Dan Egan, a science writer for the Milwaukee Journal Sentinel, won for a three-part series, "Deep Trouble," that examined why a seemingly radical solution — damming and reversing the flow of the Chicago River — may be necessary to protect the Great Lakes from the invasive Asian carp. The reporting was done as part of a master's thesis project at Columbia University, Egan said.

"I want to thank my editors for letting me go to New York to stretch my ability to write about these complicated topics, and for recognizing there was such a strange and interesting story lurking in the Chicago River," Egan said.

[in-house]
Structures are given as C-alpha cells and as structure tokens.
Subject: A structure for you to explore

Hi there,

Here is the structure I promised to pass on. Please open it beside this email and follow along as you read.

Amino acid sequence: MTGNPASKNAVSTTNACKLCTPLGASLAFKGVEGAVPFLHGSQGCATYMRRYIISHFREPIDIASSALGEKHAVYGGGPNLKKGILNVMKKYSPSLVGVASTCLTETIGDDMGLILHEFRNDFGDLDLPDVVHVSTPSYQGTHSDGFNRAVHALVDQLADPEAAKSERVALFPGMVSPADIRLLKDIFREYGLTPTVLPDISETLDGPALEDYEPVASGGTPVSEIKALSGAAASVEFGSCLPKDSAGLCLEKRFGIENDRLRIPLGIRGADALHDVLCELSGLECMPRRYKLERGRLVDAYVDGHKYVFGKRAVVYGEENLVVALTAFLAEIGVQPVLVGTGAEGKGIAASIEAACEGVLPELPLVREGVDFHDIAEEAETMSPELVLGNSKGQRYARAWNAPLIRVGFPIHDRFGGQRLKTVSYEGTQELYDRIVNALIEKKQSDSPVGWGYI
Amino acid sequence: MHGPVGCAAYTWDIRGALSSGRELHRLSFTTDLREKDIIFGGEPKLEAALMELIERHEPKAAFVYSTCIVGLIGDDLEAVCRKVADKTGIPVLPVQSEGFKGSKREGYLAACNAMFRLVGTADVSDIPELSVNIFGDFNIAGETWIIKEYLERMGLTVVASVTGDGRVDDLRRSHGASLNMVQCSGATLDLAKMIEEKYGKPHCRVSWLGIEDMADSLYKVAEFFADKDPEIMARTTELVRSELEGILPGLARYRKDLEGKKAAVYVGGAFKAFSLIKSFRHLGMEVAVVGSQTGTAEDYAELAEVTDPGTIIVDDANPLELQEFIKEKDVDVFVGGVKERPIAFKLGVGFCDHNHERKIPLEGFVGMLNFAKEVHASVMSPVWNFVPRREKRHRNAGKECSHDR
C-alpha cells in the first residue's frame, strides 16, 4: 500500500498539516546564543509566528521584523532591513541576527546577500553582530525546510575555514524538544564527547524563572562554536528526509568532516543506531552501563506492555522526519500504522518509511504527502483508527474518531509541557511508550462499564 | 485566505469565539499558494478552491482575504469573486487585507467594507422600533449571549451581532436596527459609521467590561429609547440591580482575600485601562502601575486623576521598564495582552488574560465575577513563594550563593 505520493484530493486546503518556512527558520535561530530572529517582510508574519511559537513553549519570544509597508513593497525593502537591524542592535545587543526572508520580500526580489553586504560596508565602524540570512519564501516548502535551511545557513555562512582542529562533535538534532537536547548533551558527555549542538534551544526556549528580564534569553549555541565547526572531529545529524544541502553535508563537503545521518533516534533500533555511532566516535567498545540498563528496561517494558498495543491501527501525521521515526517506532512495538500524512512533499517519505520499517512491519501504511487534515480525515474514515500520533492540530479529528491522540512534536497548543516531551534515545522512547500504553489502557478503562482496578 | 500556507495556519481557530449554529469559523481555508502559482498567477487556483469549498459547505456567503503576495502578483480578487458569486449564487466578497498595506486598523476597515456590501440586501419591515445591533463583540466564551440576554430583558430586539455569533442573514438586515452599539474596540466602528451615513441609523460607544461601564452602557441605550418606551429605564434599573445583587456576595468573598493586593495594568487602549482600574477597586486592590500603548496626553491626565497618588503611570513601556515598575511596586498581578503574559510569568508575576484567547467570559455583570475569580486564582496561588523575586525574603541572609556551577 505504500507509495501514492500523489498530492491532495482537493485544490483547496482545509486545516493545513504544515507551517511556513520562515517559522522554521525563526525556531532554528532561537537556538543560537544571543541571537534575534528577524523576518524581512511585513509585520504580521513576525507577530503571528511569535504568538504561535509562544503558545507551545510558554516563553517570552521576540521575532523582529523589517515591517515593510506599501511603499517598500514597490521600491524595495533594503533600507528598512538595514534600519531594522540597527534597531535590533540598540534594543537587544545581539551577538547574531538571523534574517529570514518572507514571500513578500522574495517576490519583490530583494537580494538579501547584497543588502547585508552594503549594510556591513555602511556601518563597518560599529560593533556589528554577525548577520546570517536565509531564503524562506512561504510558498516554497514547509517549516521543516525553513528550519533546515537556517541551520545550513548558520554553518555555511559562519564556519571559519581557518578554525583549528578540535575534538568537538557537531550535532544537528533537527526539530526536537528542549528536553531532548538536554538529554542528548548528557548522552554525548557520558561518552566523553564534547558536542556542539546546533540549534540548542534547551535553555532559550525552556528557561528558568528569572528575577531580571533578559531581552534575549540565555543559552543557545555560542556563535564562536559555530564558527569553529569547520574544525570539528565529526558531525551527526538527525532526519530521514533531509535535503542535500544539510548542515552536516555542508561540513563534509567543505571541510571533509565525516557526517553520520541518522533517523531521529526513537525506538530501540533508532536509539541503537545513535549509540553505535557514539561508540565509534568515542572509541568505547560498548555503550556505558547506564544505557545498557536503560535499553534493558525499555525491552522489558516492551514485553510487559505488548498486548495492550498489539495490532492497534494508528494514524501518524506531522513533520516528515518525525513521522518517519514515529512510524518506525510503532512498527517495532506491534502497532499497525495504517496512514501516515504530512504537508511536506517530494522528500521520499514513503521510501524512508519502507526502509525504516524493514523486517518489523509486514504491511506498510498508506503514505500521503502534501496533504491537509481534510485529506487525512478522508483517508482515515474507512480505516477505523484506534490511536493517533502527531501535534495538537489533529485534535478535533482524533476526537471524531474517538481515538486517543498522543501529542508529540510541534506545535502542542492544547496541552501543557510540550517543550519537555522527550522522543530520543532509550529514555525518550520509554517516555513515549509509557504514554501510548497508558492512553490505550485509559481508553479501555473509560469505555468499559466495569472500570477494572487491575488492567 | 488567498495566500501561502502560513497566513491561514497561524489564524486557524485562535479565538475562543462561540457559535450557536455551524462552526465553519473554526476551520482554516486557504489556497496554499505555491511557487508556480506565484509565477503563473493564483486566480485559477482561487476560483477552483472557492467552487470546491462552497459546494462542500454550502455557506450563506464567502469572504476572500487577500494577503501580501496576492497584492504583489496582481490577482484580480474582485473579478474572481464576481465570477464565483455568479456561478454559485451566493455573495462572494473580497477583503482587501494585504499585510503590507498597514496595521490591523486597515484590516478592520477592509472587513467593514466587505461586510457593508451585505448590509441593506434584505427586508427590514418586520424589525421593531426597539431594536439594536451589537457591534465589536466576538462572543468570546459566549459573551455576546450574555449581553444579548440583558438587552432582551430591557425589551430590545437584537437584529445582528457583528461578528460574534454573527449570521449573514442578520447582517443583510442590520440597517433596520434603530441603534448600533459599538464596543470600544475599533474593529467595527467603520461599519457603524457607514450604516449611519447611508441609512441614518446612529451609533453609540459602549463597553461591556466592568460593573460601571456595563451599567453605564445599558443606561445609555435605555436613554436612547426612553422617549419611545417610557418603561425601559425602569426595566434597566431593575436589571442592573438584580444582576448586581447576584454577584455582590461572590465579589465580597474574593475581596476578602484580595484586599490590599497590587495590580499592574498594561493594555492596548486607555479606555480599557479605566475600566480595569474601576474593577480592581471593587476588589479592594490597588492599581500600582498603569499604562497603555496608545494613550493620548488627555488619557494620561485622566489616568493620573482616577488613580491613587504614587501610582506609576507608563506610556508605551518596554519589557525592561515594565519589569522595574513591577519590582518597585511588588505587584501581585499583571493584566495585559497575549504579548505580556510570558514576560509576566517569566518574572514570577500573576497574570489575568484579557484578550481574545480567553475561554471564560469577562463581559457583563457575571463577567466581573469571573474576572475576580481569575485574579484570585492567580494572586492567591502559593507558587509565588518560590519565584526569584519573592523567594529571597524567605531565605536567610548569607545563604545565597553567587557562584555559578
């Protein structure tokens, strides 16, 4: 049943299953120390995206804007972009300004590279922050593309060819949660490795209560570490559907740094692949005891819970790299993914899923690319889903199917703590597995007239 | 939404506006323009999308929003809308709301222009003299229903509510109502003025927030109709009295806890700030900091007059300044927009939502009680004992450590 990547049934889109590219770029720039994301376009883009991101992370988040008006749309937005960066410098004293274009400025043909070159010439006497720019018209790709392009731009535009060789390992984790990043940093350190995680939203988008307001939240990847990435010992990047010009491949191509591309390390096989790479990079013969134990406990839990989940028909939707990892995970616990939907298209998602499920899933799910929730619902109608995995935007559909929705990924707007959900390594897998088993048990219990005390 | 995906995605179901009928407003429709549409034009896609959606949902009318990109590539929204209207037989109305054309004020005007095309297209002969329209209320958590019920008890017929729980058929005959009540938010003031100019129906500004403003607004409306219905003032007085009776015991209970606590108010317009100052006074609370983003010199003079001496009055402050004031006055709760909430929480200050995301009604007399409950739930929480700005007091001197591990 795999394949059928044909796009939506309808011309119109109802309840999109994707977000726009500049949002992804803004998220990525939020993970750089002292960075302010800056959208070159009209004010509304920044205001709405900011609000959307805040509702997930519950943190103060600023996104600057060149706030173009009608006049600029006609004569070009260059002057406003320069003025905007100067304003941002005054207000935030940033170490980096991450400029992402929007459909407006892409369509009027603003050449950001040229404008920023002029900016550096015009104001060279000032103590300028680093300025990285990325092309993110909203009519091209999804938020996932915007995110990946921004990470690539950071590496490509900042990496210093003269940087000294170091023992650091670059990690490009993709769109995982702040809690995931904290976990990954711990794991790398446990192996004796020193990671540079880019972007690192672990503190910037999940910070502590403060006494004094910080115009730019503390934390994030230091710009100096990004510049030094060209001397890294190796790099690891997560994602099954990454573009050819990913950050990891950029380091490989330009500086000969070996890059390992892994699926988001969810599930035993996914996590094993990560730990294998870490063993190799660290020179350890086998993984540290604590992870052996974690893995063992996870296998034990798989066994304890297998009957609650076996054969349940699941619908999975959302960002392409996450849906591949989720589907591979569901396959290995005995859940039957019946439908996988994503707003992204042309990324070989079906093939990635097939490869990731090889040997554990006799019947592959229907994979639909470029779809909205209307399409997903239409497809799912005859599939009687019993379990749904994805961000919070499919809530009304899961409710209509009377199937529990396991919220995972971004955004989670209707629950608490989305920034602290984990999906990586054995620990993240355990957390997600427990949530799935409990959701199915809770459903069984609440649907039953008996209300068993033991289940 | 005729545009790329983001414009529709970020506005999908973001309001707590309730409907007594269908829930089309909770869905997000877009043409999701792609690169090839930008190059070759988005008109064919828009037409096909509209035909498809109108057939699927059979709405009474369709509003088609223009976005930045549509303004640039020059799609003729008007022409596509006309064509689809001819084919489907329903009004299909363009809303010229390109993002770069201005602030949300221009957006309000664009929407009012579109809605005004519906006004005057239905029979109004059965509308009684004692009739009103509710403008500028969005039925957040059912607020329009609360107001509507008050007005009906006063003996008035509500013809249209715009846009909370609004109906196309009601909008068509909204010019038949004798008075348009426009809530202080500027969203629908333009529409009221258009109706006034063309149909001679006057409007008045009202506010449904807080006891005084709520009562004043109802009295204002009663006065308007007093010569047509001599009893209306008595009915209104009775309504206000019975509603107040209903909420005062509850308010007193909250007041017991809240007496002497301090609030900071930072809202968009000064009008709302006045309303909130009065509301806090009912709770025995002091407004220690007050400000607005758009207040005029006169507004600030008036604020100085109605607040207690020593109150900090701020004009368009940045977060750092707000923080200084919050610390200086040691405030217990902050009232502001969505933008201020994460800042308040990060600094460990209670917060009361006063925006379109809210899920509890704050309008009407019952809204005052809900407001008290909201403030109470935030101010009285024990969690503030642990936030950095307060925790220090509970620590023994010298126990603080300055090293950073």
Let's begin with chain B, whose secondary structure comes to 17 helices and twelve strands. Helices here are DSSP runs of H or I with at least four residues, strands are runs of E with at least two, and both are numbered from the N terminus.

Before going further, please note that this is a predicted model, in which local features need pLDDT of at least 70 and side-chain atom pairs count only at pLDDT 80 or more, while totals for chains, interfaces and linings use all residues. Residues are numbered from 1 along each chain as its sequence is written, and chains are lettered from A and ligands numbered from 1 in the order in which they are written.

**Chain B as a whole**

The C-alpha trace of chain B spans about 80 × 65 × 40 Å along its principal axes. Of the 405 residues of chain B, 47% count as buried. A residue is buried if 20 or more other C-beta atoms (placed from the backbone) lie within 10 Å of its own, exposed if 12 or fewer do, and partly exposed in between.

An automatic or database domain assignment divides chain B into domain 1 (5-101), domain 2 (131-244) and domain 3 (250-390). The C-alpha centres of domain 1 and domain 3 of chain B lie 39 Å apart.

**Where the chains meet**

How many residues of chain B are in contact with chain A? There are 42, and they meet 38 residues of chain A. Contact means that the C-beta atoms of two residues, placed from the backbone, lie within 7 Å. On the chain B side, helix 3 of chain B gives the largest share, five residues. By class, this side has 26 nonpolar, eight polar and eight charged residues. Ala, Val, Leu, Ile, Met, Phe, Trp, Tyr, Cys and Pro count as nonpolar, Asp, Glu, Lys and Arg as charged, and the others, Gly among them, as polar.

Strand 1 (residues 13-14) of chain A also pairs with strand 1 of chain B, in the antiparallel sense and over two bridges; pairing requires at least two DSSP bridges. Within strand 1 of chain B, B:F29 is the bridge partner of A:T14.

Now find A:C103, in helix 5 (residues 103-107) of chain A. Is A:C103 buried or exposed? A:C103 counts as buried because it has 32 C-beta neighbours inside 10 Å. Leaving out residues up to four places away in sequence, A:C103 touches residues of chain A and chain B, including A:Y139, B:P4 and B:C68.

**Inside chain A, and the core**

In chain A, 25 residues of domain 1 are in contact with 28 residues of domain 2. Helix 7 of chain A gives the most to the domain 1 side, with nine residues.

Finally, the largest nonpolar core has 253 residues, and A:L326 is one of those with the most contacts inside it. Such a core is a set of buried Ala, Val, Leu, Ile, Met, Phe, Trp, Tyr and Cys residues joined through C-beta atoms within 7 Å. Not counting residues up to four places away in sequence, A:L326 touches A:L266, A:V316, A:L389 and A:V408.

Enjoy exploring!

Egan reported that DNA analysis by a University of Notre Dame team showed that Asian carp likely had breached an experimental electric barrier designed to block them from reaching Lake Michigan. In his comprehensive and well-reported "Deep Trouble" series, Egan examined why reversing the flow of the Chicago River — so that it no longer connects with the Mississippi basin via a canal — could be the only feasible method to protect the Great Lakes from the invasive carp. In the series, Egan takes his readers deep into both the biology and the policy questions surrounding the carp invasion. Laura Helmuth, science editor for Slate, said the personalities in Egan's reporting are "rich and real, full of good intentions, worries, and doubts." She added, "The history of engineering, public works, and invasive species battles is woven into the story elegantly. It's a fascinating read, full of drama and passion." The judges were impressed by the quality of entries in the large-newspaper category this year, but they decided Egan was a clear winner. "His was science reporting with considerable impact on a topic of national importance," said Robert Lee Hotz, a science writer for The Wall Street Journal.